Best of 2016: Even the Young and Healthy Need Health Insurance

Key Steps for a Healthy Heart

While it’s true that health issues tend to multiply with age, even young people can find themselves in need of a doctor. According to the Centers for Disease Control and Prevention (CDC), the top cause of death among Americans between the ages of 18 and 29 are unintentional injuries. Other common health risks include smoking, obesity and lack of physical activity—all of which play a role in the development of a variety of life-threatening diseases. For those without health insurance, the costs of emergency treatment in the event of an accident or long-term treatment due to disease can be financially devastating—no matter how old you are at the time. Consider these reasons you need health insurance even if you’re currently young and healthy.

Accidents can happen to anyone, anywhere and at any time.

You don’t have to go skydiving, bungee jumping or mountain climbing to be injured in an accident. Every year, 43 million Americans visit emergency departments as the result of unintentional injuries according to the CDC. In 2014, the leading causes of nonfatal, unintentional injuries included falls, overexertion, motor vehicle collisions, poisoning, bug bites or stings, fires and burns, dog bites and suffocation—most of which could realistically happen in your own home.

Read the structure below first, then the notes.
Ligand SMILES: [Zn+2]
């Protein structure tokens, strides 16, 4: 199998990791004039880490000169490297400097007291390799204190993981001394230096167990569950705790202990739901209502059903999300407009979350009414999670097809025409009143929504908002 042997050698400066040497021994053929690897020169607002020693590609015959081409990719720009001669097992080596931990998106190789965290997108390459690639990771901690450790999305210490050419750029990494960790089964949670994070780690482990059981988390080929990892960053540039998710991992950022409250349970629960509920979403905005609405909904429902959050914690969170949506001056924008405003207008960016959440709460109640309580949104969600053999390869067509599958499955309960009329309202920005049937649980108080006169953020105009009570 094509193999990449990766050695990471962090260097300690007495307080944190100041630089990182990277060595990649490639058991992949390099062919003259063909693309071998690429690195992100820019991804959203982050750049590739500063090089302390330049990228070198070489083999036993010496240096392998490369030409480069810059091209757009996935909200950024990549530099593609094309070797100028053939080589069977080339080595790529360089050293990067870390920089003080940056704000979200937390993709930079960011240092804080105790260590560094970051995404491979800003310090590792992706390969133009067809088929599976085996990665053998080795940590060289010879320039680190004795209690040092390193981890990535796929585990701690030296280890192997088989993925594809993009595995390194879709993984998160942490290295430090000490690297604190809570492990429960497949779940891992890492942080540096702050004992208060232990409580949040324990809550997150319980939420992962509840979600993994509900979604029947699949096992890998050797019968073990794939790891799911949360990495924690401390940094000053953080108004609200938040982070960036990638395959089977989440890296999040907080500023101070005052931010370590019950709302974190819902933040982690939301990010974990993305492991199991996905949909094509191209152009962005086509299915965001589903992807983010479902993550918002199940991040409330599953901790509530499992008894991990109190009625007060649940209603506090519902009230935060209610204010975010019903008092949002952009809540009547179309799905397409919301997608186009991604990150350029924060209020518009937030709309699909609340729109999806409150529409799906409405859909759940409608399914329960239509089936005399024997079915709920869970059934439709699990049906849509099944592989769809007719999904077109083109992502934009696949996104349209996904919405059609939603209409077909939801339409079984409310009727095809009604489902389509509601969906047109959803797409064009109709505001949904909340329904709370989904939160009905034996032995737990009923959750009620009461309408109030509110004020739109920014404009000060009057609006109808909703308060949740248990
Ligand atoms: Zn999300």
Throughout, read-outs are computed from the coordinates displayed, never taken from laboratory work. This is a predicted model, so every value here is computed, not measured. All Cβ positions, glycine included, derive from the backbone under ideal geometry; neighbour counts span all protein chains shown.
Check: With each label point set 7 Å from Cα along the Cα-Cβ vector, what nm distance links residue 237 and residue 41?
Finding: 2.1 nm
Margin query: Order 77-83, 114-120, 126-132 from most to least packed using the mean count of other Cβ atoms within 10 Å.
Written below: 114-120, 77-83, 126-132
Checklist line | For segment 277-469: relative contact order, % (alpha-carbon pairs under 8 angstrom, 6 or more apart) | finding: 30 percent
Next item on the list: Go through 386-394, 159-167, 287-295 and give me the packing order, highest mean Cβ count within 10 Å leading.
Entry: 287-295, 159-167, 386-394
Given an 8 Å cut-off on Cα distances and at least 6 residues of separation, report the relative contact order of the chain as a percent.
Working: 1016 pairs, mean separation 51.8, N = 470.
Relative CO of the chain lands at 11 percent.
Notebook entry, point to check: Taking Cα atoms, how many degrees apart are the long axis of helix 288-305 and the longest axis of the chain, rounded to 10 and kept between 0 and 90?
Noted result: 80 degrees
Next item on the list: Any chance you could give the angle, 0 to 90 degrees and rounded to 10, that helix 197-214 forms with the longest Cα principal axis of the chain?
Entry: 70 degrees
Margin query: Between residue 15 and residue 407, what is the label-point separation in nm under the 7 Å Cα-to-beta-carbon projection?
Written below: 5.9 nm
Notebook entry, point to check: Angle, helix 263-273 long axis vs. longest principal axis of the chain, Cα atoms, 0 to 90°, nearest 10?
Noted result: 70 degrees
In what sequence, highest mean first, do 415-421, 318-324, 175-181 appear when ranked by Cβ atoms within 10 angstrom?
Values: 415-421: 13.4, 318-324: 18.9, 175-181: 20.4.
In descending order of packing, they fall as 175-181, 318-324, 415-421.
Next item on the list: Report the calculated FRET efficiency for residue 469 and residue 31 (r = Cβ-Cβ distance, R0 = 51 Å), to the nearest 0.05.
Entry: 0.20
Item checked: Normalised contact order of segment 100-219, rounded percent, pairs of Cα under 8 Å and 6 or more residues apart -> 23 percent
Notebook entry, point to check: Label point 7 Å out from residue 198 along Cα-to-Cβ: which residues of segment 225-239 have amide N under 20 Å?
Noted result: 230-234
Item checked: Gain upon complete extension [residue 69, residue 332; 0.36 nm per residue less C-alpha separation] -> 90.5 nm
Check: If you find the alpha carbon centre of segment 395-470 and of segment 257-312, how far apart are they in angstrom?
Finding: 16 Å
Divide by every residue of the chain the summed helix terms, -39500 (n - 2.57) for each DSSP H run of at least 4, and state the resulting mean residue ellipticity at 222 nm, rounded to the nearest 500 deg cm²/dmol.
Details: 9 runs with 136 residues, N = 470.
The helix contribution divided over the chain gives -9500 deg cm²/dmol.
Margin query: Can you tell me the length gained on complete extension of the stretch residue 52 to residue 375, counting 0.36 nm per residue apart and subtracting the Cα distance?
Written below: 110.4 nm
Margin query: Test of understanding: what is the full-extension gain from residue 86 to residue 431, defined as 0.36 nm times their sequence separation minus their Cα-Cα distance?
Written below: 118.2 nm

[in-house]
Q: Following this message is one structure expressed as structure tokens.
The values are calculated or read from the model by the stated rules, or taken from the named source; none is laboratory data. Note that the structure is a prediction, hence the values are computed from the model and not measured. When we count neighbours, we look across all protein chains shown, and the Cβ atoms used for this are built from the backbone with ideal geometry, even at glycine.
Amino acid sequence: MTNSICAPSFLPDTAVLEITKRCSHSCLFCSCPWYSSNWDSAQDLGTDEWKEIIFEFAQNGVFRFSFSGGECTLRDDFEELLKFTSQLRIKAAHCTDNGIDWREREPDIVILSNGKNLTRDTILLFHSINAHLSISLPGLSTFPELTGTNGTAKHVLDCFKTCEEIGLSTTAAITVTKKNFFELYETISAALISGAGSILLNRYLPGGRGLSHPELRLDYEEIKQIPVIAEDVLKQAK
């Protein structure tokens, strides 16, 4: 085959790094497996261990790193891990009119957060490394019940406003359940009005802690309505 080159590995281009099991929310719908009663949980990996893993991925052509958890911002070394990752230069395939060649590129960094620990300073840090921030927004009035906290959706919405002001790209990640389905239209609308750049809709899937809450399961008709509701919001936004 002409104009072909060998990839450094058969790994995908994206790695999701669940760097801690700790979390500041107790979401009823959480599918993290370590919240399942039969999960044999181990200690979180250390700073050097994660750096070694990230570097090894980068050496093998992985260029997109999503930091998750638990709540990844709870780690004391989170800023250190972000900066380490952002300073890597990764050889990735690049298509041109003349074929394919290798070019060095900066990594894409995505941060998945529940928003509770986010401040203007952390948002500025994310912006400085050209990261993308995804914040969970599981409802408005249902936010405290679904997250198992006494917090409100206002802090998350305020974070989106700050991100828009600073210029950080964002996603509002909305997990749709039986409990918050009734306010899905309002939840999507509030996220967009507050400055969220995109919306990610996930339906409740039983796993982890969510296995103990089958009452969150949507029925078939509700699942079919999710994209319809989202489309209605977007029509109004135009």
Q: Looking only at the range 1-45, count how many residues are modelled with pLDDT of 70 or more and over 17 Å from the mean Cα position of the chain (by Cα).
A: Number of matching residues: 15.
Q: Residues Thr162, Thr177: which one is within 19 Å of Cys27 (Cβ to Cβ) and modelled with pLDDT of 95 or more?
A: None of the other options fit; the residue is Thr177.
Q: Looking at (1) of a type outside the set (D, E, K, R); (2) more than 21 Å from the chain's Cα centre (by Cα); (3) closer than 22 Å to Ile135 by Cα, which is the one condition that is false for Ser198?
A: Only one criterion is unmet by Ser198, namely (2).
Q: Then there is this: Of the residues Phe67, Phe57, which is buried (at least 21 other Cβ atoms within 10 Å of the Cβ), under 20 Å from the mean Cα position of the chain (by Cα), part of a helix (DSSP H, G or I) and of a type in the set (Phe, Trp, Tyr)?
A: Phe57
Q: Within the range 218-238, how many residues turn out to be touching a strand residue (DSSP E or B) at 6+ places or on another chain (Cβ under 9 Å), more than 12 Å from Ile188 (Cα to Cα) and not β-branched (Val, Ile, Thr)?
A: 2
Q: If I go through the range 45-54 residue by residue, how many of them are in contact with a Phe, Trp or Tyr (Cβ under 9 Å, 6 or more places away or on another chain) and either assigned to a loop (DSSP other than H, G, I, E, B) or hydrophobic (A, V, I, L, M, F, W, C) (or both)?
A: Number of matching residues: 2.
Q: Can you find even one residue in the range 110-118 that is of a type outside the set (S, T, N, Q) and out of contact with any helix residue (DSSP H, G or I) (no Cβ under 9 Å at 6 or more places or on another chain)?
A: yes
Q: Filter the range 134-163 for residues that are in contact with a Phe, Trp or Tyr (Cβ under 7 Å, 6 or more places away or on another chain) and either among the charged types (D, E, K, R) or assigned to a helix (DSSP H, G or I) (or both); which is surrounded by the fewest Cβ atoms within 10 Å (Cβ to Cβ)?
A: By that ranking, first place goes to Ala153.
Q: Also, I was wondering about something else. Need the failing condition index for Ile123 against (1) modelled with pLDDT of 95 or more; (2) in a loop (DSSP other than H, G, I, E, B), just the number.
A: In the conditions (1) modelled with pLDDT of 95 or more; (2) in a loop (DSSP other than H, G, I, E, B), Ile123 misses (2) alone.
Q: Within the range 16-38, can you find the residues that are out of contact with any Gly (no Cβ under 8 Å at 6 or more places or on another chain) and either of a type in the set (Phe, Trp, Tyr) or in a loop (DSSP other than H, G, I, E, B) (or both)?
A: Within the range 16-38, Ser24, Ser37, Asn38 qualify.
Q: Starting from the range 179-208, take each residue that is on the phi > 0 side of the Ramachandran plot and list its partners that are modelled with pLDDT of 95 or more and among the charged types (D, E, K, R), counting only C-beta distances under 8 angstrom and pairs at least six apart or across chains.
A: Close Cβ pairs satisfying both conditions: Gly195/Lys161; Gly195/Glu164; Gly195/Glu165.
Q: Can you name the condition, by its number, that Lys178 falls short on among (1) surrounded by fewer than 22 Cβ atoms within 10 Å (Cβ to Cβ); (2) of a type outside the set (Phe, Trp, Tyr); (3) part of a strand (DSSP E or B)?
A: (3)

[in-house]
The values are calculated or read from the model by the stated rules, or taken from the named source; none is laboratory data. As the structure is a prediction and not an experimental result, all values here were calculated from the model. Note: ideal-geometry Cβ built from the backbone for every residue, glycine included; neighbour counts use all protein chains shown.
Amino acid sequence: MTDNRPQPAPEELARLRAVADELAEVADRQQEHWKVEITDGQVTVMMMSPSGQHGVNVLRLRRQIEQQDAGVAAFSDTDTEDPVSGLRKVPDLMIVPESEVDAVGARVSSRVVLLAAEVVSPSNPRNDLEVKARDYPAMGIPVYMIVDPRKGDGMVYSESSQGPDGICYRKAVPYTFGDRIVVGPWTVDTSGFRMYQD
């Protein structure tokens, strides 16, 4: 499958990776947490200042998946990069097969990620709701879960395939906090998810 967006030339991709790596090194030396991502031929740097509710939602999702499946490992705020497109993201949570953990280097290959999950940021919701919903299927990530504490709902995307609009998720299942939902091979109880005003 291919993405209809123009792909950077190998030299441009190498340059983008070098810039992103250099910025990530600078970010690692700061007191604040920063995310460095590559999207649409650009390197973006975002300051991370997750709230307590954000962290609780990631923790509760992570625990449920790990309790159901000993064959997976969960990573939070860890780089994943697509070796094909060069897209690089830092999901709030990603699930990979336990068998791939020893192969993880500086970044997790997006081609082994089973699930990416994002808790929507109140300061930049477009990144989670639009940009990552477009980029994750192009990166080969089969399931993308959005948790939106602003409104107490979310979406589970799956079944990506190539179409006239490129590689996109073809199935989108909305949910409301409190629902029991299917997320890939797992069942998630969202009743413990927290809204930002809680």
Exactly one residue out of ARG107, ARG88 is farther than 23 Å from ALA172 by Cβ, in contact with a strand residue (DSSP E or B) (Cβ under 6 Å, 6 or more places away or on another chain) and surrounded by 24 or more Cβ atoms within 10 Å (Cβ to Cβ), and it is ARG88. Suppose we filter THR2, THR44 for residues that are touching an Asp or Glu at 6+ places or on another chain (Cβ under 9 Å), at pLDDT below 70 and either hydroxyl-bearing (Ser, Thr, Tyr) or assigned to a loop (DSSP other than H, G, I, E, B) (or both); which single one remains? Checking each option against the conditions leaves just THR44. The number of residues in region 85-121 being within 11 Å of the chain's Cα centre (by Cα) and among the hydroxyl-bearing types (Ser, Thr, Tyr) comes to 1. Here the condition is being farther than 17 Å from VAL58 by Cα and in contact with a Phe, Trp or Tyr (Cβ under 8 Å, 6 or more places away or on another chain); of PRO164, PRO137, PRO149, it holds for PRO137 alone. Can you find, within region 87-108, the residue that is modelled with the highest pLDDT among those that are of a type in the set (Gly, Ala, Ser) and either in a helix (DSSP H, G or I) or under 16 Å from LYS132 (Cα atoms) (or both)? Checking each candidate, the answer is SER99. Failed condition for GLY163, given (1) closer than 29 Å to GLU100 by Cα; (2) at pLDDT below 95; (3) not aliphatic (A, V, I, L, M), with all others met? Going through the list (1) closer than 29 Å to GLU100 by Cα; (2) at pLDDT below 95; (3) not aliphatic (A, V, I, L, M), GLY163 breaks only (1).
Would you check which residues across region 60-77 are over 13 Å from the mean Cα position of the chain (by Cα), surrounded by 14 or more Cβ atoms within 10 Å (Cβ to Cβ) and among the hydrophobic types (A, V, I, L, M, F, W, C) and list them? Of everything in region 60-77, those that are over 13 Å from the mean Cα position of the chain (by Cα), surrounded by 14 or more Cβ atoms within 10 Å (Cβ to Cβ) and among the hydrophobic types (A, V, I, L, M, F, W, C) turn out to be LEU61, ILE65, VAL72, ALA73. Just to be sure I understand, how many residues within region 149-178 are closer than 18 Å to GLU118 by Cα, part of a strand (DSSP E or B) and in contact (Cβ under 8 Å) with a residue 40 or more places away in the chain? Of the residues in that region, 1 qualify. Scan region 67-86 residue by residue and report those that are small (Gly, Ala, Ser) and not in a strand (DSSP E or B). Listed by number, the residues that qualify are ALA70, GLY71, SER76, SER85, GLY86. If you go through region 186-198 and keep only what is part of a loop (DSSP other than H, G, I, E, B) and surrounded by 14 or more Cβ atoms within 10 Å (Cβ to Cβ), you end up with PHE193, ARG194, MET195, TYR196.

Health issues become more difficult to treat if you ignore them.

While an accident may force you to seek medical help, having health insurance also makes it easier to see a doctor about other health concerns before they become major issues. Without coverage, you’re more likely to put off seeking treatment because you’re worried about the associated costs. In fact, a Gallup survey found that 57 percent of uninsured Americans had put of medical treatment because of cost. Unfortunately, failing to address health issues early on can have serious consequences for your long-term health.

If you don’t have health insurance, you’ll have to pay a fine.

If you choose not to buy health insurance coverage mandated by law under the Patient Protection and Affordable Care Act (ACA), you will have to make an “individual shared responsibility payment” when you file your taxes each year. The government calculates the fee you owe two ways. You’ll have to pay whichever is higher, whether that’s 2.5 percent of your household income or $695 per adult plus $347.50 per child. If you don’t pay the fee, the IRS will withhold it from your future tax refunds.

While the open enrollment period for 2016 ended on January 31, you may still be able to sign up for qualifying healthcare coverage and reduce the penalty you’ll pay with this year’s taxes next April. Special enrollment periods under the ACA are triggered by a number of events including losing your employer-sponsored health coverage, getting married, having a baby, getting divorced, and moving to a new zip code or county.

If you’d like to learn more about special enrollment periods or discuss your health insurance options prior to the open enrollment period for 2017 that will begin on November 1 of this year, we’re here to help. Please don’t hesitate to contact us with any health insurance questions or concerns.